I am imagining an object on the floor. If I pick up the object moving it upwards with a constant velocity then a net force must be applied to that object in order to have it go from not being in a state of rest to being in motion. It has accelerated and F(net)=ma. It now has kinetic energy equal to 1/2mv^2. As the object moves upwards (at constant velocity) it gains gravitational potential energy (GPE). I am under the impression that the work done on that object is equal to the GPE that it gains as it moves upwards.
So if the work done has gone into storing the GPE and they are equal, where did the energy come from which made it accelerate and gain kinetic energy in the first place? It seems as though the energy put into lifting it must be equal to the acceleration caused and thus the kinetic energy gained AND the GPE too. I am also under the impression that the kinetic energy and GPE are equal. So it seems as though I have done work on the object and the work done is equal to the sum of K.E and GPE. How is that possible? Surely that way I have gotten out twice the energy that I put in which is clearly nonsense.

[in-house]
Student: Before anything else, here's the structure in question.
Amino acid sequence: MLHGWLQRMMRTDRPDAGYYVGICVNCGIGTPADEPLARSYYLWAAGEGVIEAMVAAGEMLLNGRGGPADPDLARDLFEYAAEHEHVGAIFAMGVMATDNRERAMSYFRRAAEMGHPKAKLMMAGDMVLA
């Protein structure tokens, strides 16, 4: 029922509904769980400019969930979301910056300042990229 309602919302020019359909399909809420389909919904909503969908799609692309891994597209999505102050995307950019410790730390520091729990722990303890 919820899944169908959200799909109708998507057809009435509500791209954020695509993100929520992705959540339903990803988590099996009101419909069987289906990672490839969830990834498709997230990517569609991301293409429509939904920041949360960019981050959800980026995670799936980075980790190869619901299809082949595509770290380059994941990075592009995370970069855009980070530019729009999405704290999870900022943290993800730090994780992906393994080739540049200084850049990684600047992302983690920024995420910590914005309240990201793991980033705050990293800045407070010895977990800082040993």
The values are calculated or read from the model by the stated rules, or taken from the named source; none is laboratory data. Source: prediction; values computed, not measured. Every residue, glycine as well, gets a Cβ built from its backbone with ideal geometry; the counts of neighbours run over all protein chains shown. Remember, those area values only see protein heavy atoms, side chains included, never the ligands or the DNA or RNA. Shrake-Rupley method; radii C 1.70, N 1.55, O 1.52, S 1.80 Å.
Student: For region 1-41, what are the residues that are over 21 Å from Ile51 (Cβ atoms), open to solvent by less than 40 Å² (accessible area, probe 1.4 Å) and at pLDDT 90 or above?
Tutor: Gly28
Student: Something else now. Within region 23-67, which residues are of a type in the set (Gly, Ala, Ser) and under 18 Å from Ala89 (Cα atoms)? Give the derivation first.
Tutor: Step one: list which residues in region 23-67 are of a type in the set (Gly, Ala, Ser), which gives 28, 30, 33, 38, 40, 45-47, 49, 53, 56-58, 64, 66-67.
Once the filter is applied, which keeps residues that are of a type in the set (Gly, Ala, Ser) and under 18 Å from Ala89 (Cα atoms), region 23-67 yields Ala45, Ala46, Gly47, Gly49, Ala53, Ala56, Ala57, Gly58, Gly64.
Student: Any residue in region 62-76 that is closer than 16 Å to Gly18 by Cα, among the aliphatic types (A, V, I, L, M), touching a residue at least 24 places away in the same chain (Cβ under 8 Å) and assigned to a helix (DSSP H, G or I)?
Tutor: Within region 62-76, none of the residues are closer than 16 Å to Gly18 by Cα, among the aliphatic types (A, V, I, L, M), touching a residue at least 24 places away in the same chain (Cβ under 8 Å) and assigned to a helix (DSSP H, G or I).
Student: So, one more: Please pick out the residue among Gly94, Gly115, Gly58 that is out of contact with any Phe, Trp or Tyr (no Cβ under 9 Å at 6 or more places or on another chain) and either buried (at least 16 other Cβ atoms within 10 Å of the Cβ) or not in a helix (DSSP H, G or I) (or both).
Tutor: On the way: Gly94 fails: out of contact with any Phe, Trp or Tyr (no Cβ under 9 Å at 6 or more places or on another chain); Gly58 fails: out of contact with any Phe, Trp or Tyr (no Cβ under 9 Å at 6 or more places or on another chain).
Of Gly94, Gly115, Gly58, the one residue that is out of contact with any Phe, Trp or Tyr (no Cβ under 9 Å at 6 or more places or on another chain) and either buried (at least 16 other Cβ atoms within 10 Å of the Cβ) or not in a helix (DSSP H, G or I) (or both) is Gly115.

Also, if the K.E and GPE are equal, how is it that it can keep moving upwards with a constant velocity and hence a constant K.E and the GPE is increasing?
The more I write and the more I go over this in my head, the more confused I get and the more frustrated I get which just makes it more difficult. Not to mention the headaches!
Again, sorry if this is really stupid and i'm fairly certain that what I have asked here will make little sense but it's the best that I can do with the mess in my head. Even just writing this I have thought of many other apparent problems and contradictions which I can't even begin to formulate into a coherent question.
Any help that anybody can offer will be greatly appreciated.